The lineup of Alex G, Porches, and Your Friend that stopped in at Mardi Gras on the opening night of Treefort is the same bill that’s currently touring the country together. But, because it’s a festival, something peculiar happened. After Porches filled the room to the point that it was difficult to move around, a mass exodus occurred after their set’s completion. It’s doubtful that this is happening at stops across the country, with fans buying tickets and staying through the headliner. You know, like a normal concert.

It’s safe to say that all those who skipped out on Alex G will be kicking themselves down the line. Just last week at SXSW, I had two artist interviews schedule our meeting according to when they would be seeing Alex G perform. He’s an artist’s artist, and taking in his set, it was easy to see why. Be it in vocal melody or in his guitar hooks, there is a definitive nod toward ’90s indie rock, with Pavement’s off-kilter looseness present, that feeling that everything is mapped out to not seem overly plotted.

It’s also music with big ideas, knowledgable enough to place gentle, soft vocals, and screams within moments of each other, the binding element being the sheer emotion that’s present in the music. During “Salt”, a few couples began slow dancing in the room’s darkened center, the space clear enough to move freely. It was a moment you couldn’t get without half the audience leaving, but all the more perfect for the spell that Alex G casts. –Philip Cosores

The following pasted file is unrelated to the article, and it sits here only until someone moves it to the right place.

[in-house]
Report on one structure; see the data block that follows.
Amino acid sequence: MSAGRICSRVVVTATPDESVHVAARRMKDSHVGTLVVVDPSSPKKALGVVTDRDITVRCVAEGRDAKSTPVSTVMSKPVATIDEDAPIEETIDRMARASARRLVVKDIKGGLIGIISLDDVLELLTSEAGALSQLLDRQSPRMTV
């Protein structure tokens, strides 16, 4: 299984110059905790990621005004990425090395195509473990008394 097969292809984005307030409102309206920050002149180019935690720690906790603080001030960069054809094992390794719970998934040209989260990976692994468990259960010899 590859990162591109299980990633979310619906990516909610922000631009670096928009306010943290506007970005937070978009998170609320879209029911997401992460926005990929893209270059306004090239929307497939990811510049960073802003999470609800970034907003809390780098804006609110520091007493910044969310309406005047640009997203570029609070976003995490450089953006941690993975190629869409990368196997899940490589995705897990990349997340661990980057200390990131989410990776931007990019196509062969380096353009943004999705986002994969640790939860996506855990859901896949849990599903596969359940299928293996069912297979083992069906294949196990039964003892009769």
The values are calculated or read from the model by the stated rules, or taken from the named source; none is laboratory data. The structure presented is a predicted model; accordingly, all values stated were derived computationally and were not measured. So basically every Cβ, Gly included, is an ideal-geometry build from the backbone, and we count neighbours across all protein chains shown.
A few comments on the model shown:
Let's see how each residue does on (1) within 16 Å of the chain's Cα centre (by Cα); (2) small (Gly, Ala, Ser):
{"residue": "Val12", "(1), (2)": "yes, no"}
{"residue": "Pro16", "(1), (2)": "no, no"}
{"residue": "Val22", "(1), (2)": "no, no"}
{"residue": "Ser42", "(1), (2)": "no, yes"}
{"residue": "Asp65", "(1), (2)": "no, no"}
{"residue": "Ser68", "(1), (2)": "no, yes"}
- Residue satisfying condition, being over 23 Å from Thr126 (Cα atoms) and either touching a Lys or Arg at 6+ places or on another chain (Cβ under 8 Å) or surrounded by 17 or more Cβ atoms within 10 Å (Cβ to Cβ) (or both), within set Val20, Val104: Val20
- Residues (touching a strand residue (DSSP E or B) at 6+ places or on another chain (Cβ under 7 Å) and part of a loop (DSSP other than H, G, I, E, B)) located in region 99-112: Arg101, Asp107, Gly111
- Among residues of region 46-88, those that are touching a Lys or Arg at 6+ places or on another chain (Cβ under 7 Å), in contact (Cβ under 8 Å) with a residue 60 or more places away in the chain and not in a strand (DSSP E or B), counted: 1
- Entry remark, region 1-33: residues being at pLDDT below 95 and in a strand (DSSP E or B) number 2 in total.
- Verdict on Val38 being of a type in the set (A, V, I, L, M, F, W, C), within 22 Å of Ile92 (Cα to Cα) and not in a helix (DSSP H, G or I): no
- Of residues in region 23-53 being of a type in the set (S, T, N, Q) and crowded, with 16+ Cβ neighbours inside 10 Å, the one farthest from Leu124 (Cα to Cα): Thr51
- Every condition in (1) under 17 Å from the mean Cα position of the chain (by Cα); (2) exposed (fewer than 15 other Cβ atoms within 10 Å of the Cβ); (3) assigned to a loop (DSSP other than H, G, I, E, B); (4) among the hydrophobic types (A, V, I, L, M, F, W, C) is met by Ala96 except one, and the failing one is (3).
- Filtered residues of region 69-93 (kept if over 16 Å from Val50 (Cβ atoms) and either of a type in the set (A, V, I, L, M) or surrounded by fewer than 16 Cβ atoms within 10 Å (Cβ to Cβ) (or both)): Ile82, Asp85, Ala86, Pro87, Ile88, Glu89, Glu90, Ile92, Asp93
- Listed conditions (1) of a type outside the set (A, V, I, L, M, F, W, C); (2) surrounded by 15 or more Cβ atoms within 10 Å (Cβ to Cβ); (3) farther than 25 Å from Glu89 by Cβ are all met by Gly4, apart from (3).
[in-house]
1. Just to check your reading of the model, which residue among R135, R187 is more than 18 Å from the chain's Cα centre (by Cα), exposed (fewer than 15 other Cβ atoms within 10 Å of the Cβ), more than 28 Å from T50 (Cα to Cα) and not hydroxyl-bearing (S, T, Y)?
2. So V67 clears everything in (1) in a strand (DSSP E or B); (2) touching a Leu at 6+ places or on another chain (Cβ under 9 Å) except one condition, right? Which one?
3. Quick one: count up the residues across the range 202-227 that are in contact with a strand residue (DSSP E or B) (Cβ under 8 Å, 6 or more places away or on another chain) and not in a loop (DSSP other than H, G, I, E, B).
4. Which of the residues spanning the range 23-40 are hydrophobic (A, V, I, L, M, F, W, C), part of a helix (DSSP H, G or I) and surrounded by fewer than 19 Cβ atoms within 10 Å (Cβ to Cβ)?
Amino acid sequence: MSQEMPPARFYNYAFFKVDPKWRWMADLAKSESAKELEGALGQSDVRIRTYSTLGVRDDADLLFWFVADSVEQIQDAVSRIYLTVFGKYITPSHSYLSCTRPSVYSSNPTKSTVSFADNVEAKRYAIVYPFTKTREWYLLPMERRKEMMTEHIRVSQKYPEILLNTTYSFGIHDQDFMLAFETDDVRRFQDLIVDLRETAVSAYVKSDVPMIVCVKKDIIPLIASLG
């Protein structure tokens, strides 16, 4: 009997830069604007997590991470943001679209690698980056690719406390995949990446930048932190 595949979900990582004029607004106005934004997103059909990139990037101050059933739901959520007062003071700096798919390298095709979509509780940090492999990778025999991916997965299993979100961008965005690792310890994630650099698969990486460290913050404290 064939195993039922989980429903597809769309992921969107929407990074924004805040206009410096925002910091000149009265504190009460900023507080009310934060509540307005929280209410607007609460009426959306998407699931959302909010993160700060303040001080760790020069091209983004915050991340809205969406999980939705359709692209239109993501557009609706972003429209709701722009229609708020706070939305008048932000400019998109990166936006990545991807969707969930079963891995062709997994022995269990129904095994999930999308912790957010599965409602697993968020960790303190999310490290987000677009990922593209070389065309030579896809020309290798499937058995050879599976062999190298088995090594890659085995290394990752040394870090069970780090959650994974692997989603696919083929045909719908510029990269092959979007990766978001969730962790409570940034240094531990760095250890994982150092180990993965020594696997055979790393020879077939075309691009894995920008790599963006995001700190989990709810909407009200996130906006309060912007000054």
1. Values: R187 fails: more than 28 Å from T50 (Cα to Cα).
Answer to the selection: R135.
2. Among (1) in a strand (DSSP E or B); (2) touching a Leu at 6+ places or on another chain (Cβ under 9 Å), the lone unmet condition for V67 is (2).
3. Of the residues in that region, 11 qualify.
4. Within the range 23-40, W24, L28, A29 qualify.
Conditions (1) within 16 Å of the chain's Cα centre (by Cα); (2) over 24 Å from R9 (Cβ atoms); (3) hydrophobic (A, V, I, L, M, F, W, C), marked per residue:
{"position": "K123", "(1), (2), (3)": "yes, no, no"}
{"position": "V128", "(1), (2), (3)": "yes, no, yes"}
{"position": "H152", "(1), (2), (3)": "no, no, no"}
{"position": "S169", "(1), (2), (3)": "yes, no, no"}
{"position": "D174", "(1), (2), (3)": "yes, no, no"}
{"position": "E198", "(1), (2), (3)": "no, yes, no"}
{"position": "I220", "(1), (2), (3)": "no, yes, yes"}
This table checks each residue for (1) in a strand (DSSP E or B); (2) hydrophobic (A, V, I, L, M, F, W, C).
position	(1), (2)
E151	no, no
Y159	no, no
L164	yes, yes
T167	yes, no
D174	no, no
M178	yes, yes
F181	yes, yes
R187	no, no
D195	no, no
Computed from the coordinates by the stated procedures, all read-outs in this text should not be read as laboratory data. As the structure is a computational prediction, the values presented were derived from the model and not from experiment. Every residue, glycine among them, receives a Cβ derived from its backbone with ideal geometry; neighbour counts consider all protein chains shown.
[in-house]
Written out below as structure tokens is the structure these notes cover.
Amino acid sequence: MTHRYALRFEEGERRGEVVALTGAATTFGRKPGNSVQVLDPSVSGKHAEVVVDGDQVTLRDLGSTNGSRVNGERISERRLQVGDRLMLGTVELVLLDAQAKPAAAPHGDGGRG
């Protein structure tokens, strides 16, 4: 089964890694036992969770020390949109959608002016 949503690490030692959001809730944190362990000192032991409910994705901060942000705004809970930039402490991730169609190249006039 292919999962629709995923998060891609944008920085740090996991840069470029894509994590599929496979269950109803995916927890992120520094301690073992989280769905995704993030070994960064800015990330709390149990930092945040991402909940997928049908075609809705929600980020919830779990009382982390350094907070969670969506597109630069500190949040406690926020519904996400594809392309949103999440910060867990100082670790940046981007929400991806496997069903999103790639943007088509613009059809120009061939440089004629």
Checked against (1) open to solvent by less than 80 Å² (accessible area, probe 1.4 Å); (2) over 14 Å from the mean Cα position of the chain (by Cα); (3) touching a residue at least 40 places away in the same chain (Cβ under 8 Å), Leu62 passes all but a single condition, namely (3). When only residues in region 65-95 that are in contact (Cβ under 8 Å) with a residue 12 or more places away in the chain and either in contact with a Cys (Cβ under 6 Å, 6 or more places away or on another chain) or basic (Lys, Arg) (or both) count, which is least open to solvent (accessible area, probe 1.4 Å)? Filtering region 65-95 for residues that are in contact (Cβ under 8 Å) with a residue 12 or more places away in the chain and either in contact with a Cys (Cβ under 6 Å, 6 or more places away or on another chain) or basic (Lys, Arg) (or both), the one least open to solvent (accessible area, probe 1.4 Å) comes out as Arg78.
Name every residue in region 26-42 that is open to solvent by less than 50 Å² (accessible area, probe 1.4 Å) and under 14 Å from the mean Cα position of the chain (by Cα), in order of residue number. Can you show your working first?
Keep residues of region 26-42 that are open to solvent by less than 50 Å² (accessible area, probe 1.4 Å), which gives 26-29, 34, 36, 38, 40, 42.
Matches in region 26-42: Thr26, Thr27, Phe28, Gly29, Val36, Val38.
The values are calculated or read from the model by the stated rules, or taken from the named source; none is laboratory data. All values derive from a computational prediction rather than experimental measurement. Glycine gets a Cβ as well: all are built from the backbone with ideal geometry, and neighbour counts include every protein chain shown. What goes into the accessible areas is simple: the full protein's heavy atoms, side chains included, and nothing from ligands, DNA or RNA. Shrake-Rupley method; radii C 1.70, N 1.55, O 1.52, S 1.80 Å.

Chelsea Wolfe

Photo by Phillip Roffman

Boise has an artist problem. What does that mean? The person making your pizza at the local Piehole, the father and mother walking down Capital street with their child, hell even that barista at Starbucks— they’re most likely in a band. Now, because they’re all in bands, they also consider themselves worthy of the “Artist” title, which perhaps gives a number of them the courage to make half-assed comments and mock the acts playing right in front of them. Why? Well, they’re artists and they know better. This was my biggest frustration upon arriving at Treefort Music Fest.